At the cemetery, they gather around a gravesite. Since it looks pretty fresh, I’m guessing that it’s Karol Noymann’s grave. However, since we know the aliens dug up and co-opted his body, they must have been real sticklers for detail and filled the grave back in again. They even placed the flowers back atop that mound of dirt. In what appears to be the cheapest, cheesiest graveyard séance in all of moviedom, Doctor Penner now looks around and, directing his comments into the air, pleads with the invisible aliens to show up and talk to him. Nothing happens at first but then after a few seconds we hear breathing that I imagine the Wolf Man sounds like when gargling. Everyone looks around and sees nothing, especially not the bushes that are parted by someone invisible. Eventually, they do see the foot-dragging tracks made in the dirt by their invisible visitor (which is just the same recycled footage from earlier in the film). More bushes move and a second invisible foot-dragger shows up, while the three Humans stare wide-eyed and slack-jawed.
A disembodied voice now commands Doctor Penner to speak. Amazingly, this voice is that of Karol Noymann, despite the fact that his body is nowhere to be seen. How can the aliens use his voice if the body is elsewhere? Anyway, Penner begs for more time to warn the Earth. The aliens concede that his efforts alone are not enough to carry the message and that the Earth will get one more warning. Penner asks what that may be, but the labored breathing soon fades. Ever the Sherlock wannabe, Lamont notices that the breathing has stopped and concludes that the invisible aliens are gone (why didn’t they see foot-dragging marks in the dirt as the aliens walked away?). Penner now asks Lamont if he believes him and the other guy shamefully asks what they can do. Penner says that things are out of their hands. The warning will come and then it will be up to the world.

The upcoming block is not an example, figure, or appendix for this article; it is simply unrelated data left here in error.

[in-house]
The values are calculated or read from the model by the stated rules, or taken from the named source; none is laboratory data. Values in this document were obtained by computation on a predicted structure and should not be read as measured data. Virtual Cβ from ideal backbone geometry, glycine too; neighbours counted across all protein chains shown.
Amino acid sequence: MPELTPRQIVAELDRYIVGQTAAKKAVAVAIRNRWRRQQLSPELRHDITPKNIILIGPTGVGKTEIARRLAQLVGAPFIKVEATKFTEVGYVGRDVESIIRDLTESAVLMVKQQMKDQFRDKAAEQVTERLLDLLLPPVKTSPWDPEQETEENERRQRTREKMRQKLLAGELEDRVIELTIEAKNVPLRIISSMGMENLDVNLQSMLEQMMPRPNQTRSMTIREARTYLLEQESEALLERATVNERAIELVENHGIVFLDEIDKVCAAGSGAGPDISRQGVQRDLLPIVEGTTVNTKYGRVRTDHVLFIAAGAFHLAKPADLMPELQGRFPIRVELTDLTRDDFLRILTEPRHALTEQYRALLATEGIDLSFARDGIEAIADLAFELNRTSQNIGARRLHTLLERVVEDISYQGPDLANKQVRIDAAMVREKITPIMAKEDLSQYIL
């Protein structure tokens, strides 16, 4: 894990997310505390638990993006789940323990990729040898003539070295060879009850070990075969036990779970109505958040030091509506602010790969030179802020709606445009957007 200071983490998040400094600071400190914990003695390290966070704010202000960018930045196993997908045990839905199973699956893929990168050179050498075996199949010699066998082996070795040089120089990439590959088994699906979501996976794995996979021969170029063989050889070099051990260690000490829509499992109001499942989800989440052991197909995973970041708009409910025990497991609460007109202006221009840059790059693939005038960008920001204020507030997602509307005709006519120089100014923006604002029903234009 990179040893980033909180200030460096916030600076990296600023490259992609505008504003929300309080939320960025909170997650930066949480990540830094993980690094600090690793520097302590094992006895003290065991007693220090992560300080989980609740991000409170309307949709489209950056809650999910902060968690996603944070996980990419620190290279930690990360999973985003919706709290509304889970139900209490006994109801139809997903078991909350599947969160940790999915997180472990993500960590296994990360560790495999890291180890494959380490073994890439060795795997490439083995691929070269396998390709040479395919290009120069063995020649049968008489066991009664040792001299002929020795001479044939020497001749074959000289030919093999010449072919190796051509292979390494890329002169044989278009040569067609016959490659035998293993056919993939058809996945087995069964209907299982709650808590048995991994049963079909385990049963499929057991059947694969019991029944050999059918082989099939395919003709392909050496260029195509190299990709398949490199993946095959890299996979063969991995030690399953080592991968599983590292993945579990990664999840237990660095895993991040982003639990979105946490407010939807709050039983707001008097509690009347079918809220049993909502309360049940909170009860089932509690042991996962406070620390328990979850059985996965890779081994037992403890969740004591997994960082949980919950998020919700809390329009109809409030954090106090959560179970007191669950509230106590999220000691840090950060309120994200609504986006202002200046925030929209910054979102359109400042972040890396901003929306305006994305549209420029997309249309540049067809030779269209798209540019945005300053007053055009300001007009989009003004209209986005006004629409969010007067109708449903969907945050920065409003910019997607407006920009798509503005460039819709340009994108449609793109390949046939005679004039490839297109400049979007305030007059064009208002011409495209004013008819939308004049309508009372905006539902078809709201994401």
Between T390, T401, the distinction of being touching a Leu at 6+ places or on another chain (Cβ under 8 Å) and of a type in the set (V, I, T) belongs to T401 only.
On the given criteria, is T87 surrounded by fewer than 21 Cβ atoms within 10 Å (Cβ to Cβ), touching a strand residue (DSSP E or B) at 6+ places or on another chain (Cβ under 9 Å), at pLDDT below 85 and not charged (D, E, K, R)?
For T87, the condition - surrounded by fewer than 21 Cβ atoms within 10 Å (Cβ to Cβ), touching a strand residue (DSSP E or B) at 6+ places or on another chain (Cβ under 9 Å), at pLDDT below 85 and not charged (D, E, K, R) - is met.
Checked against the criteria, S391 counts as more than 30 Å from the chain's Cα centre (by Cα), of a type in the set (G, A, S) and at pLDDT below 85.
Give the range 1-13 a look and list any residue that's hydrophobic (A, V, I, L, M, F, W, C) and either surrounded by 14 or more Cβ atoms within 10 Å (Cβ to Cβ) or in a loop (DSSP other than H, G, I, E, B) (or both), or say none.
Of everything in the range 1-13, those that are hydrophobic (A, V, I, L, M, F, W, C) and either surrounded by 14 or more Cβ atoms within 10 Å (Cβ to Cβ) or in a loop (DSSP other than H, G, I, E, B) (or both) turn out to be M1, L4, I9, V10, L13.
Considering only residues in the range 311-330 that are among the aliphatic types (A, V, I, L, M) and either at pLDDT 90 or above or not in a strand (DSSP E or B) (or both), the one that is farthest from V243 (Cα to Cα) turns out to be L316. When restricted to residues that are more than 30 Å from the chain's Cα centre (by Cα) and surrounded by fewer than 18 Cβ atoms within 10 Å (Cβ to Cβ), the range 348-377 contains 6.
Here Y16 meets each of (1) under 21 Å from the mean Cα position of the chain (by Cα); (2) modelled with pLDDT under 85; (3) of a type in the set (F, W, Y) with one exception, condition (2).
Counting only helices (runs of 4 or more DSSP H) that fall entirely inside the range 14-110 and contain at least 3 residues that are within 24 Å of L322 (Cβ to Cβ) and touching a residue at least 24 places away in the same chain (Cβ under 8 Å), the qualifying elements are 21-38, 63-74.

We now see an airplane soaring through the sky. Suddenly, the CLOWN returns. “The first warning came in the wake of a fatal air crash outside Syracuse, New York.” Um…first warning? I thought the aliens said there would only be one more warning? Perhaps they had a different script than the CLOWN? Anyway, a completely different plane is then seen flying straight into a hillside, a huge white X marking the spot where it impacts. Now, I realize that the producers didn’t have the budget to stage a real airplane crash nor did they want to go the super cheezy route and use a plastic model (a la The Giant Claw), but couldn’t they have tried to find some less obvious stock footage? That huge white X makes it plain to see that this particular plane crash was conducted purposely by the military. That is, unless Death himself is getting forgetful and is going around painting these things for his own records. So the plane crashes and is completely obliterated, a huge burning cloud of vaporized fuel spewing into the sky from the resulting collision with the ground. It is obvious to anyone with functioning eyes that NOTHING WHATSOEVER could have survived that explosion intact. NOTHING.